CHARACTERISTIC FEATURES 

COLOUR CHANGES

  • First external sign of putrefaction in a dead body
  • Greenish discolouration of skin over caecum and flanks after death appears 18-24 hrs.
  • Greenish to black discolouration- ‘Sulphmethahaemoglobin’ formed by H2S due to microorganisms in the large intestine.
  • Appears early in summer & delayed in winter.
  • Discoloration spreads- front of abdomen, external genitals, chest, neck, face, arms and legs – spreads whole body in 24-36 hrs.
  • Discolouration of vessel walls due to pigmentation from decomposed blood over the shoulder and groin. Arborescent pattern- ‘Marbling’

GASES OF PUTRIFACTION

  • Development of gases under the skin and hollow viscera 18-36 hrs. 24-48 hrs in solid viscera.
  • H2S, ammonia, phosphated hydrogen, CO2 and methane.
  • Causes pseudo rigidity, exerts pressure.
  • More gases accumulation, body floats in water.

PRESSURE EFFECTS OF PUTREFACTIVE GASES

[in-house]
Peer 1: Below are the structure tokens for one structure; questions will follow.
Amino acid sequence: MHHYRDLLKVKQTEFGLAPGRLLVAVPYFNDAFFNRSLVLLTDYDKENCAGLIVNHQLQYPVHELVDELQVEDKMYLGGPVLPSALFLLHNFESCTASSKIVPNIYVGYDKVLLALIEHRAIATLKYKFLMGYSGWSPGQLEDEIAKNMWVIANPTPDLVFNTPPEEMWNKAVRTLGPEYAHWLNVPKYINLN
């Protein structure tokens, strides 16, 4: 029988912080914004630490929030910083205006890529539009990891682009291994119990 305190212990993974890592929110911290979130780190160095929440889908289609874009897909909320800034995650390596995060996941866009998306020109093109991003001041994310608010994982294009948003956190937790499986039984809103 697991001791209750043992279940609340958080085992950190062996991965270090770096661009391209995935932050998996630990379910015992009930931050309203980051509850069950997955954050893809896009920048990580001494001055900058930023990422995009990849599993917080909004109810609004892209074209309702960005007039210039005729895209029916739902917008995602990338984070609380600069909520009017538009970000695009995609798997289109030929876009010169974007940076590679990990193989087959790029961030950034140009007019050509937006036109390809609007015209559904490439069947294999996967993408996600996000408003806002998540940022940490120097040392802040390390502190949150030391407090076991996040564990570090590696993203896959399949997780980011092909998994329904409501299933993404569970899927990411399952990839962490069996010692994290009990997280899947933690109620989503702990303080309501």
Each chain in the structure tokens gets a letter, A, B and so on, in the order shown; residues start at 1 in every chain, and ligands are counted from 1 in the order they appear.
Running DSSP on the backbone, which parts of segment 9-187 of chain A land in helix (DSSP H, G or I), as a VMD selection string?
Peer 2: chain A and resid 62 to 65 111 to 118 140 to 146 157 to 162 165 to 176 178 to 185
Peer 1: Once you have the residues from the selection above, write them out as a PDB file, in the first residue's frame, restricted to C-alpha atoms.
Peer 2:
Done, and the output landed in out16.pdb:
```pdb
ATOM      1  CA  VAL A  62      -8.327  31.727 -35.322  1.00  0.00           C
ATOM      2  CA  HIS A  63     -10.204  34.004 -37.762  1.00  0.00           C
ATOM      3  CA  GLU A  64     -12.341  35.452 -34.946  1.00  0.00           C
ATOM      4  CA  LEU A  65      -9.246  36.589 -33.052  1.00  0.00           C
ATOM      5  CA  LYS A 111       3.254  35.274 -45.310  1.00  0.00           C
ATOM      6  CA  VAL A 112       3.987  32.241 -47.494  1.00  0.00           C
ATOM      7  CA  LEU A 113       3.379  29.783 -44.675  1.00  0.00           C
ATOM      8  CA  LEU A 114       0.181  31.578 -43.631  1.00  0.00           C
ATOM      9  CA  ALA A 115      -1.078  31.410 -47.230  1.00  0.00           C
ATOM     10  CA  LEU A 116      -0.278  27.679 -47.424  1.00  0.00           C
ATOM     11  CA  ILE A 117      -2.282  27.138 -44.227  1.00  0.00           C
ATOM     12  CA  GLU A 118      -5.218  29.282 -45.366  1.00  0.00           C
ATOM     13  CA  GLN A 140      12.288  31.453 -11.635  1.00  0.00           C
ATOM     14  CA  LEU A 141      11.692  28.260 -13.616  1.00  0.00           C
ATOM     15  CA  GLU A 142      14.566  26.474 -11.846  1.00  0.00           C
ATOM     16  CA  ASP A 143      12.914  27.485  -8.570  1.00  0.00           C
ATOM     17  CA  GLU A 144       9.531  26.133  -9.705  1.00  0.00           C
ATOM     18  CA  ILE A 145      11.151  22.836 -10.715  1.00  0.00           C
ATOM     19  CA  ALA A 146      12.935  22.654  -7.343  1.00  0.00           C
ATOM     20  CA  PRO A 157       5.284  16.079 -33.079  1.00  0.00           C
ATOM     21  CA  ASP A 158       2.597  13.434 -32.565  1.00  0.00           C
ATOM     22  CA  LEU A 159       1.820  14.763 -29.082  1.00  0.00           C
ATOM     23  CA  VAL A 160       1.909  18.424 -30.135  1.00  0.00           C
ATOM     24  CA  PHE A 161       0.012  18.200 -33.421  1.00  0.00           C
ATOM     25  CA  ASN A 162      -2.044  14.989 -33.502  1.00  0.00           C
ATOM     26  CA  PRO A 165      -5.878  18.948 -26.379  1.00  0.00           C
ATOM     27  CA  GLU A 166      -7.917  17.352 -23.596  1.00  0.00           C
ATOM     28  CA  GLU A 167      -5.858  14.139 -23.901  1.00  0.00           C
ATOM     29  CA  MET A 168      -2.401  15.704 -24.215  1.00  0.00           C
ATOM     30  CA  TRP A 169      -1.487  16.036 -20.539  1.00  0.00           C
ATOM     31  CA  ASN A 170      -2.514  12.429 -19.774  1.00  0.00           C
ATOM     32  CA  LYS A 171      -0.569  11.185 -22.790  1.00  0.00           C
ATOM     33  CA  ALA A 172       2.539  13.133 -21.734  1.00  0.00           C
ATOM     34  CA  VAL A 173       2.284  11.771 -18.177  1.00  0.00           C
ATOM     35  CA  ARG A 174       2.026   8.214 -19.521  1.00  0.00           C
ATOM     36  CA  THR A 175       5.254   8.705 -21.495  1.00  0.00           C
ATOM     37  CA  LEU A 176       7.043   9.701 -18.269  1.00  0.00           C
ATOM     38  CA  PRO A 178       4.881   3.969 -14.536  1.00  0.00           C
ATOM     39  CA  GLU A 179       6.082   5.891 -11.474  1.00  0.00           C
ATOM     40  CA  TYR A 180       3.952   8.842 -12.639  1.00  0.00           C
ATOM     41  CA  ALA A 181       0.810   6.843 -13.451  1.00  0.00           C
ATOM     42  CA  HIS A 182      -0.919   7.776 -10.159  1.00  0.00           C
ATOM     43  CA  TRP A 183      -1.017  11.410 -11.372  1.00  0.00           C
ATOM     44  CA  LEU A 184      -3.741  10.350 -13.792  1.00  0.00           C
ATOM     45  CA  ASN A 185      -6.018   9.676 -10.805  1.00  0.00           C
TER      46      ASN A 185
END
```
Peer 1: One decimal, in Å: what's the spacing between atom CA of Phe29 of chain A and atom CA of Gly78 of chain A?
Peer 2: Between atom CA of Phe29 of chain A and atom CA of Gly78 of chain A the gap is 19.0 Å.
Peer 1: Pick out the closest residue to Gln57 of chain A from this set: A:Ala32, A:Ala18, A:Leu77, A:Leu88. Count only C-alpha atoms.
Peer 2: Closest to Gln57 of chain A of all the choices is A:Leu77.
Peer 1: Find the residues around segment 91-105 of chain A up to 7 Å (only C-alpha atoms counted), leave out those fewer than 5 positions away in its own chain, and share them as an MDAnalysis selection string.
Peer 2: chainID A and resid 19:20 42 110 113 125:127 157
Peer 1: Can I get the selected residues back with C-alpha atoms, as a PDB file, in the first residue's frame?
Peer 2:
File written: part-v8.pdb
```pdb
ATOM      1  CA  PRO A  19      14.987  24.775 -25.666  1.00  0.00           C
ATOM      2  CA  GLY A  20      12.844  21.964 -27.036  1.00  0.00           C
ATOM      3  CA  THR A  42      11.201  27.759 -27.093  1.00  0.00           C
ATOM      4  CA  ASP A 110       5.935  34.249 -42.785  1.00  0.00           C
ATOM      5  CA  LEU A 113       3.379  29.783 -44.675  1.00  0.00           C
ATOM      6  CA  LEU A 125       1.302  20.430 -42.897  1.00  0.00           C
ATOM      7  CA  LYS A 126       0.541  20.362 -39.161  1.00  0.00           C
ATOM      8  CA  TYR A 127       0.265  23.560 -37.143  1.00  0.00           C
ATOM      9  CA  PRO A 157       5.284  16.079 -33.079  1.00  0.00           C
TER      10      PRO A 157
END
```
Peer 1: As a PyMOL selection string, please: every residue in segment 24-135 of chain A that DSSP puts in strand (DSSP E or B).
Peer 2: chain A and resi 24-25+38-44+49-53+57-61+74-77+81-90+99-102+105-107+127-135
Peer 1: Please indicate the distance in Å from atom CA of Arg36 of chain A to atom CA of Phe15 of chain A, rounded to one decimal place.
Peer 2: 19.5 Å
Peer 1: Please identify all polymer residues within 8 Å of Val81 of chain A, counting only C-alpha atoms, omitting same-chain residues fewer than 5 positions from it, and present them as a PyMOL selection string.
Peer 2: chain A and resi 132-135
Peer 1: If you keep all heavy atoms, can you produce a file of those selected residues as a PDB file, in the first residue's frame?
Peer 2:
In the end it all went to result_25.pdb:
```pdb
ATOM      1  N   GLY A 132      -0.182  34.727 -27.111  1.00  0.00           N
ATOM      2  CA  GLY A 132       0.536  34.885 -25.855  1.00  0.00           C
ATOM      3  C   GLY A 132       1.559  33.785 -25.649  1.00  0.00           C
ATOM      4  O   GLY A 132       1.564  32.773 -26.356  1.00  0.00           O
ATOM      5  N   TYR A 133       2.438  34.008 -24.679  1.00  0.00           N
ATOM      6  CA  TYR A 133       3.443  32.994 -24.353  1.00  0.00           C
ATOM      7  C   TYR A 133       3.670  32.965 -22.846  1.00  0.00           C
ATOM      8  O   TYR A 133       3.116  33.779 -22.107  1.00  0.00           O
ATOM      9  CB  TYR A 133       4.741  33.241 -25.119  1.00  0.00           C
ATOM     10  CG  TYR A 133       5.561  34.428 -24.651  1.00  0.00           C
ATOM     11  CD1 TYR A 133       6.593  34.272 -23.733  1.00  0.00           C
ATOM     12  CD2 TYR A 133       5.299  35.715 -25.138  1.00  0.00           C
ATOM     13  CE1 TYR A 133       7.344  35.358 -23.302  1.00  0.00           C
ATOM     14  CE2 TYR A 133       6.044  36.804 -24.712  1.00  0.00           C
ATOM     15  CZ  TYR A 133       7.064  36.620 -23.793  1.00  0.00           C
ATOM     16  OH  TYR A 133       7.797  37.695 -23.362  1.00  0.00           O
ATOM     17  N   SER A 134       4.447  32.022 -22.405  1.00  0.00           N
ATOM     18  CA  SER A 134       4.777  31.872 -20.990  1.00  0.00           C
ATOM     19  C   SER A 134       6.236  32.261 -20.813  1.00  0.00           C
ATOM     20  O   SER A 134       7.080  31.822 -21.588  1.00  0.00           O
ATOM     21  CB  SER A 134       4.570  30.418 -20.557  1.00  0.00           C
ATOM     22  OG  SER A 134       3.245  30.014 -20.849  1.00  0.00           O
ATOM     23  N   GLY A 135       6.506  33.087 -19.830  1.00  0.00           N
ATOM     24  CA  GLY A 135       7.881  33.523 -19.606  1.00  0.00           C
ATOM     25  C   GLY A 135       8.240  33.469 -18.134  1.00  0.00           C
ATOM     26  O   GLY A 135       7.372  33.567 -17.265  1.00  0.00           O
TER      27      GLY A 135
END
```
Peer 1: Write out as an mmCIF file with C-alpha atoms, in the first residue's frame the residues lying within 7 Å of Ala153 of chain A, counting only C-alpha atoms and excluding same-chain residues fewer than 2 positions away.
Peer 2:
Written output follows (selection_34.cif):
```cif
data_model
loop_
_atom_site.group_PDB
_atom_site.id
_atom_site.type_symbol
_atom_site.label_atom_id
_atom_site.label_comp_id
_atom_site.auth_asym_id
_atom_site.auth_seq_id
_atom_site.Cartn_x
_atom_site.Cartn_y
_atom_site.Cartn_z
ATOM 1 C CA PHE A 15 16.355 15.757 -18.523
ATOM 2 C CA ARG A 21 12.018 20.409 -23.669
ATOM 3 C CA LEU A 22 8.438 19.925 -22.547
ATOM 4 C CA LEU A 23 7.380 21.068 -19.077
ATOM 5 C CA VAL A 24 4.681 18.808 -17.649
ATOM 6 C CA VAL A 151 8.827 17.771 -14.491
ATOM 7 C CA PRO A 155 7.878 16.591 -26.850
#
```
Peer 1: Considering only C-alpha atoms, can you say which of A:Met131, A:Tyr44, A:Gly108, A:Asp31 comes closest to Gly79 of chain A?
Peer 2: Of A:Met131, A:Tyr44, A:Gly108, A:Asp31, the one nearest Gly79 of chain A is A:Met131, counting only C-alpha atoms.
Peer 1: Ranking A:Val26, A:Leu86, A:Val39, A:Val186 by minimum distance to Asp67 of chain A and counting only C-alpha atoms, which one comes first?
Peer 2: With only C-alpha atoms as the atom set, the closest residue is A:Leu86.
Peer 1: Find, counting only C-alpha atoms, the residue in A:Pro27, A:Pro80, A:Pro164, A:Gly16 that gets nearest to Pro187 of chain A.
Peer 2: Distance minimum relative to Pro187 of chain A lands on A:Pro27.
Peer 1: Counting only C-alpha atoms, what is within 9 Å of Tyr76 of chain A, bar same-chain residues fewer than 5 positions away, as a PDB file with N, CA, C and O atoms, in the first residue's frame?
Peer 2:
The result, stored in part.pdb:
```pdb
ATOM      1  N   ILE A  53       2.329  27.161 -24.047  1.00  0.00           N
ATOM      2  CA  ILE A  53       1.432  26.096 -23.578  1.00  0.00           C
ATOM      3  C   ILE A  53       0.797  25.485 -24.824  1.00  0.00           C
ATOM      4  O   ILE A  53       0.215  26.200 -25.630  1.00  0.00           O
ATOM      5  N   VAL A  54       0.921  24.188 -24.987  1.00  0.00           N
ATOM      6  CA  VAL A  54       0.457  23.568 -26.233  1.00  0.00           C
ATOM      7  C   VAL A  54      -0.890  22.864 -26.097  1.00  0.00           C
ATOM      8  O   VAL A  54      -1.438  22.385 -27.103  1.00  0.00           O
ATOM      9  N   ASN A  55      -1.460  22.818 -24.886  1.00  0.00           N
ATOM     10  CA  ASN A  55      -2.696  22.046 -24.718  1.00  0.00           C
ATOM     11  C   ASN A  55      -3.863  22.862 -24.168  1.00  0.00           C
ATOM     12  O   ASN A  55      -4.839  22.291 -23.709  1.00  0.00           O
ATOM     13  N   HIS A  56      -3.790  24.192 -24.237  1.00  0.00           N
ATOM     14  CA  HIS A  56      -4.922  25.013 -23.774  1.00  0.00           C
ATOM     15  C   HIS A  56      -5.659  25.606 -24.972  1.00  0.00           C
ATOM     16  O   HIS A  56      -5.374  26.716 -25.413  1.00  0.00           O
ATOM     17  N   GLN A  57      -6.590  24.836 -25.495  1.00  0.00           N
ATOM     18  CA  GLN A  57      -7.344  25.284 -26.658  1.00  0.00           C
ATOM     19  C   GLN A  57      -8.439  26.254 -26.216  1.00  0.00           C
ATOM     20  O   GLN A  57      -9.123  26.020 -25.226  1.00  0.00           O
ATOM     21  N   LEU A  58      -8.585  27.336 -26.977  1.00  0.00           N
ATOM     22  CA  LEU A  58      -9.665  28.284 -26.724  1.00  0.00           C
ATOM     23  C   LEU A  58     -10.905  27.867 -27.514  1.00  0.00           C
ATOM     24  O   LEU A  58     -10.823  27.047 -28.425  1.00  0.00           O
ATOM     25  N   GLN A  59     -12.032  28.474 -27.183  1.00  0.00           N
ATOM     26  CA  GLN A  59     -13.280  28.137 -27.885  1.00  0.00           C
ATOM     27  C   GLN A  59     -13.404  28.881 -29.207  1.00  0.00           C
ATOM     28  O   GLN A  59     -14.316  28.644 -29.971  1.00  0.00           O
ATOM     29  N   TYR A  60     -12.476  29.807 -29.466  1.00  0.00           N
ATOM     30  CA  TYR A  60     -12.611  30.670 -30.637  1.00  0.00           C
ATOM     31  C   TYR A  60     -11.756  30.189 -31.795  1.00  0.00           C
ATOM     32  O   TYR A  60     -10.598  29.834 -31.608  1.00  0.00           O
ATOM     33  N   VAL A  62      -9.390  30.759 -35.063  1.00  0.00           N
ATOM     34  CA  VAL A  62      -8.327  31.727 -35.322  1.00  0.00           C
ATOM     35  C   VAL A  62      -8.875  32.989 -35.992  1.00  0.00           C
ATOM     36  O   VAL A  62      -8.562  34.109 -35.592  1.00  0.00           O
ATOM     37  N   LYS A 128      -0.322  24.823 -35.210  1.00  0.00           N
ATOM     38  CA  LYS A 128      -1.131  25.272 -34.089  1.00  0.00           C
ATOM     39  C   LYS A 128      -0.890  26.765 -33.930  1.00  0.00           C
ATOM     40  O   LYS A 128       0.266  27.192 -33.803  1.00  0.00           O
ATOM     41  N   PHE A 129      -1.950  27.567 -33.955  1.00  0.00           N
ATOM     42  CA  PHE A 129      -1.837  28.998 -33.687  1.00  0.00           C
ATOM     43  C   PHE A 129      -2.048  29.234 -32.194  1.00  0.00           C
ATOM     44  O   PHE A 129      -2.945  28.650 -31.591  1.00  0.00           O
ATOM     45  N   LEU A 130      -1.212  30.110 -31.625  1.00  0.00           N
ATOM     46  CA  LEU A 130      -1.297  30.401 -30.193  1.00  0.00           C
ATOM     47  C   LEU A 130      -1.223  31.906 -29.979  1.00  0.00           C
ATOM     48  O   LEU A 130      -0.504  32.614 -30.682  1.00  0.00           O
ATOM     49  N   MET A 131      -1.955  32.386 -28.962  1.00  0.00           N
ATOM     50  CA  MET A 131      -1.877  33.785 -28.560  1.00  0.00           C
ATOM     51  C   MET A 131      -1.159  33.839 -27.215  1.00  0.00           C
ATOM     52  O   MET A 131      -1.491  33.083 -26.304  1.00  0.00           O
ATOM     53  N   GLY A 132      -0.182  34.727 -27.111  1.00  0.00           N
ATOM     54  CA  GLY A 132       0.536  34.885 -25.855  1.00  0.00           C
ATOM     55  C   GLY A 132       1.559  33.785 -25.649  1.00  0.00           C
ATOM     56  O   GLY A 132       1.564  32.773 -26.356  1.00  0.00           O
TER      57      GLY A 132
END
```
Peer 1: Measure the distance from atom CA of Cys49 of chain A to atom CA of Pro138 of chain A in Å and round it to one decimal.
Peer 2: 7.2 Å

• Displaces the diaphragm upwards
  • Discoloured fluid and liquefied tissue mixes with gases producing froth.
  • Bloating of the features.
  • Shifting of the area of hypostasis.
  • Changes in skin, hair and wound.
  • Extrusion of fluid from the mouth and nose.(Post-mortem purge)
  • Emptying of the heart.
  • Changes in appearance of genitals.

APPEARANCE OF MAGGOTS

  • Maggots are seen on the dead body after 2-3 days
  • 2-4 days in rainy season
  • Flies lay eggs over the decomposed body- nose, mouth, vagina and anus in 18-36 hrs
  • After 24-36 hrs eggs hatch into larvae or maggots, enter the body and destroy the tissues.
  • After 4-5 days develop into pupae.
  • After 7-8 days into adult fly.

OTHER SEQUELAE